14 Jun

Barclays Africa to join the Nigerian Stock Exchange as a broker

Barclays Africa plans to join the Nigerian Stock Exchange as a broker in July and is exploring opportunities in three other African countries, in a move to create access for foreign investors looking to tap into markets on the continent.

Garth Klintworth, head of markets for Barclays Africa Group, on Thursday said its subsidiary Absa Nigeria had acquired a securities licence in Nigeria, part of a wider plan to increase it presence in west Africa’s biggest economy.

Nigeria’s stock exchange, the third largest in Africa, has in the last few years said it was reviewing applications from leading global investment banks to join its trading floor to increase foreign investment in one of the world’s least tapped emerging markets.

Read more: Reuters

03 May

Absa Dumps KPMG South Africa in Blow to Auditor’s Survival

Barclays Africa Group Ltd. ditched KPMG LLP South Africa as one of its two auditors, the first major local bank to do so, in another blow to the embattled accounting firm’s hopes of survival in the country.

The decision may pressure other lenders into following suit less than a month after KPMG South Africa lost one of its biggest contracts when the government’s Auditor-General terminated its services.

KPMG has been tainted for work done for the Gupta family, who are being probed for using their friendship with former President Jacob Zuma to win state contracts and influence cabinets appointments, which they deny.

“It’s not the first time a company has dropped them and I suspect it won’t the last time,” said Wayne McCurrie, a money manager at Ashburton Investments Management Co.

“There’s going to be some job losses because KPMG has lost so many clients and they are probably going to lose more. They aren’t getting new clients.”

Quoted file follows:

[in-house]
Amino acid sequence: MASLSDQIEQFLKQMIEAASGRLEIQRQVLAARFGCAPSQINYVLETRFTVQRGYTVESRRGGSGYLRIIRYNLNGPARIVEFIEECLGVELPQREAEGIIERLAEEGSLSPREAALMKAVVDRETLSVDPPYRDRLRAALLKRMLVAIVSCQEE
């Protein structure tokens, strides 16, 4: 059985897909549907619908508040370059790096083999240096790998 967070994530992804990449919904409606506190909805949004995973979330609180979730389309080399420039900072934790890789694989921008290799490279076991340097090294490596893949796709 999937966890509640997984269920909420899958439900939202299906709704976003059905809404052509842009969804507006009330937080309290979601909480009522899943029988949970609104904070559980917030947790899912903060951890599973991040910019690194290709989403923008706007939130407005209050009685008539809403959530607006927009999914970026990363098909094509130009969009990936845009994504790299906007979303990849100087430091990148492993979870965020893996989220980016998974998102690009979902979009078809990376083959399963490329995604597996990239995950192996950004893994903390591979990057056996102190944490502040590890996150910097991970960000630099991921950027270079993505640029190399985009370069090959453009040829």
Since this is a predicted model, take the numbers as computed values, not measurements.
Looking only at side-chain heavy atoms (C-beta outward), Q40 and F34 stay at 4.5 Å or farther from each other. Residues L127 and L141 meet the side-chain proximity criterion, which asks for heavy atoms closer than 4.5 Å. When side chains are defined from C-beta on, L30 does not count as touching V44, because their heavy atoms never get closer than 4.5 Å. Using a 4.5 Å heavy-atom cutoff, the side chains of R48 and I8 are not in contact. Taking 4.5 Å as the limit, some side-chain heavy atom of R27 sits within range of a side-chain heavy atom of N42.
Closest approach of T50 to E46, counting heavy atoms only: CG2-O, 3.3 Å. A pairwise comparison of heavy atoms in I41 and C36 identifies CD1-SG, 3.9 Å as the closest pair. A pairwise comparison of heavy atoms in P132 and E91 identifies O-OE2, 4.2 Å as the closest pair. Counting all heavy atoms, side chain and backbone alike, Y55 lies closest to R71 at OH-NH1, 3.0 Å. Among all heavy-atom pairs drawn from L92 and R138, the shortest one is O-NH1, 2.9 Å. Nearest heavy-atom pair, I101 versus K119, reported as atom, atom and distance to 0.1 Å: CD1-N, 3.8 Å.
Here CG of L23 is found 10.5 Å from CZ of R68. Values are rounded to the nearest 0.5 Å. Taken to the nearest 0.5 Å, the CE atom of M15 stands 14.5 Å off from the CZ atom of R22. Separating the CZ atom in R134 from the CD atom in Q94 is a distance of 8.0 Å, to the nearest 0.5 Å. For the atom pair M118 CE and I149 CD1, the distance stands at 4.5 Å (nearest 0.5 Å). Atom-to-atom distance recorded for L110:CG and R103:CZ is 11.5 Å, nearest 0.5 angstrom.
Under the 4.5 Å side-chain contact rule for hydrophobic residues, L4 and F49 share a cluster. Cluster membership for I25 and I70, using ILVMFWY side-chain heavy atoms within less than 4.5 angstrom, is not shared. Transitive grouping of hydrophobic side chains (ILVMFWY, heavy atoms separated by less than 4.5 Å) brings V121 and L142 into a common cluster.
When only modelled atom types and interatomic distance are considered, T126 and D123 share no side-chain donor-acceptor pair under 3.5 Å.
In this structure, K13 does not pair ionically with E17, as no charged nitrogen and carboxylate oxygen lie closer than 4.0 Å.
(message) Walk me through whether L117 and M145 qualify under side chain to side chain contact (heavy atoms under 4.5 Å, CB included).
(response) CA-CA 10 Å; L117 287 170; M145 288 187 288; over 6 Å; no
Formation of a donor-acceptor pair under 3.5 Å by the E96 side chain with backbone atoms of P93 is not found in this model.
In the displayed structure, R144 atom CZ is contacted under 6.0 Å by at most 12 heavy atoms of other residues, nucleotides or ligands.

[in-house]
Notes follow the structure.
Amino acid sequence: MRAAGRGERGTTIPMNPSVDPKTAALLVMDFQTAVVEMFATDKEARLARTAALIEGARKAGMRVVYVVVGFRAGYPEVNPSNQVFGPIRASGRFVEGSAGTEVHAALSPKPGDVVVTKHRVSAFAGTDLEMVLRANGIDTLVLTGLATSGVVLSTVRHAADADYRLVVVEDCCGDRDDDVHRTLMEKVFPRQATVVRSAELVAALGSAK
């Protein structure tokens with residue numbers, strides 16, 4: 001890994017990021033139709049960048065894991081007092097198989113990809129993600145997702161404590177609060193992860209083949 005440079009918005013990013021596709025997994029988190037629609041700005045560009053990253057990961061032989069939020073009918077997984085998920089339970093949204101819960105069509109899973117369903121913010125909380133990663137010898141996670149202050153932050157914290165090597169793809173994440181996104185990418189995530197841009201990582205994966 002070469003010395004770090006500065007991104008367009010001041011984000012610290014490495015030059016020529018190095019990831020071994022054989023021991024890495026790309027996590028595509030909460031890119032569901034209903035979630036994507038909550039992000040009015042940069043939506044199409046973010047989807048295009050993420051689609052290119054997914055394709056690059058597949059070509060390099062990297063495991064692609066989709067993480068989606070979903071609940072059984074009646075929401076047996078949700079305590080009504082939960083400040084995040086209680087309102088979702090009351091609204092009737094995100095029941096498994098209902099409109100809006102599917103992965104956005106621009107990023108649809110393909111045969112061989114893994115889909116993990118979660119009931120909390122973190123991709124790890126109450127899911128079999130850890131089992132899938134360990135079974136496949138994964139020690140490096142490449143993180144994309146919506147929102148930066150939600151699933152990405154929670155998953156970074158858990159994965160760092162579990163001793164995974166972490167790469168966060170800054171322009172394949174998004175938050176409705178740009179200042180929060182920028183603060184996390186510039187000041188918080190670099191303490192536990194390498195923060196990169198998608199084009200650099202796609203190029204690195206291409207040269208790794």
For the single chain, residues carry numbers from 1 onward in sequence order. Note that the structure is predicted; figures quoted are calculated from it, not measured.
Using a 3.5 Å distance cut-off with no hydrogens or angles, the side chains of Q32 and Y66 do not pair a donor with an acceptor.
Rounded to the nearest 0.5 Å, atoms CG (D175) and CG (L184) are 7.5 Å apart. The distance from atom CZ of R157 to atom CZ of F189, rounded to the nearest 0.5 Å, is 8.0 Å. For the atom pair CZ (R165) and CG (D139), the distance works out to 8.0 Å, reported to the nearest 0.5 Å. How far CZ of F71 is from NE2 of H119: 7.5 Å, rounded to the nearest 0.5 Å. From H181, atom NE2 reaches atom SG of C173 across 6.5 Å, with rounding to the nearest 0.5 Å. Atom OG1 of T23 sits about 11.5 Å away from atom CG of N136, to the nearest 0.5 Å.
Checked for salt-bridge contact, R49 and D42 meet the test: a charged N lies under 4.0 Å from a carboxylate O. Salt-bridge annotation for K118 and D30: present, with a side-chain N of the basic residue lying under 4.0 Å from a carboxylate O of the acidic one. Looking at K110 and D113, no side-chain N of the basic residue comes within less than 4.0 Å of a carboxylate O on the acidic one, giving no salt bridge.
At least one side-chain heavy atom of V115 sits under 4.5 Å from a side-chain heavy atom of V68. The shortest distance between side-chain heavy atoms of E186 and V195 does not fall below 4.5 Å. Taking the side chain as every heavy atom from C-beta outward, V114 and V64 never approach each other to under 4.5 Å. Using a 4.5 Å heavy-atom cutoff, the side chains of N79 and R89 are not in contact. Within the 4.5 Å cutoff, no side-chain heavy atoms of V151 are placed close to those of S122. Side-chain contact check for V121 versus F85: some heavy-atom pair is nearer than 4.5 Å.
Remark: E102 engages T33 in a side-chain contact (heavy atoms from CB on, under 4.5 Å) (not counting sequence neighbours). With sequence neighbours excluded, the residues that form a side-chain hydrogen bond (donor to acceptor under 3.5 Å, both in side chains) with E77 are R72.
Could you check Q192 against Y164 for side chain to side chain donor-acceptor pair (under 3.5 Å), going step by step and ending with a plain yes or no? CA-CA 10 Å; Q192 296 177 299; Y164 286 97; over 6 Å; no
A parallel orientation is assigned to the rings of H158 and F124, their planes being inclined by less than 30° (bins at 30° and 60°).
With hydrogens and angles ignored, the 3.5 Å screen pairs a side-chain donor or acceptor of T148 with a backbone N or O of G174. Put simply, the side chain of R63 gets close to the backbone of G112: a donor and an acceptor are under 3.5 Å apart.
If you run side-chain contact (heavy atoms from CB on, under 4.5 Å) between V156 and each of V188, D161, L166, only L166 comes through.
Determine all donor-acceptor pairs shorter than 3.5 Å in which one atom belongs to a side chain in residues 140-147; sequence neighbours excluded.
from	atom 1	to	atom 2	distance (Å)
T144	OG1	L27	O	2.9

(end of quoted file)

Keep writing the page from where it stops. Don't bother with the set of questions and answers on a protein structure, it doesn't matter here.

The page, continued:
Johannesburg-based KPMG — which audits four of South Africa’s six biggest lenders, including Barclays Africa — last year lost publicly traded clients including clothing retailer The Foschini Group Ltd., financial services firm Sasfin Holdings Ltd. and consumer-goods distributor AVI Ltd. KPMG South Africa employs 3,400, according to the Johannesburg-based Business Times newspaper.

Barclays Africa’s board “is no longer able to support the reappointment of KPMG,” the lender, which is changing its name to Absa Group Ltd., said in a statement on Thursday.

The contract will cease once all regulatory steps associated with the 2017 audit have been completed by the end of this month, it said, adding KPMG Inc. and KPMG International had supported the local firm’s work.

During the past nine months, KPMG South Africa has issued a public apology for work done for the Gupta family, withdrawn the findings of a report about the country’s tax authority, and interrogated staff who signed off on VBS Mutual Bank’s accounts before it failed.

To read the full article, click here. 

01 Mar

Barclays Africa Returns to Absa Roots as Lender Revamps Strategy

Barclays Africa Group Ltd. is going back to its roots.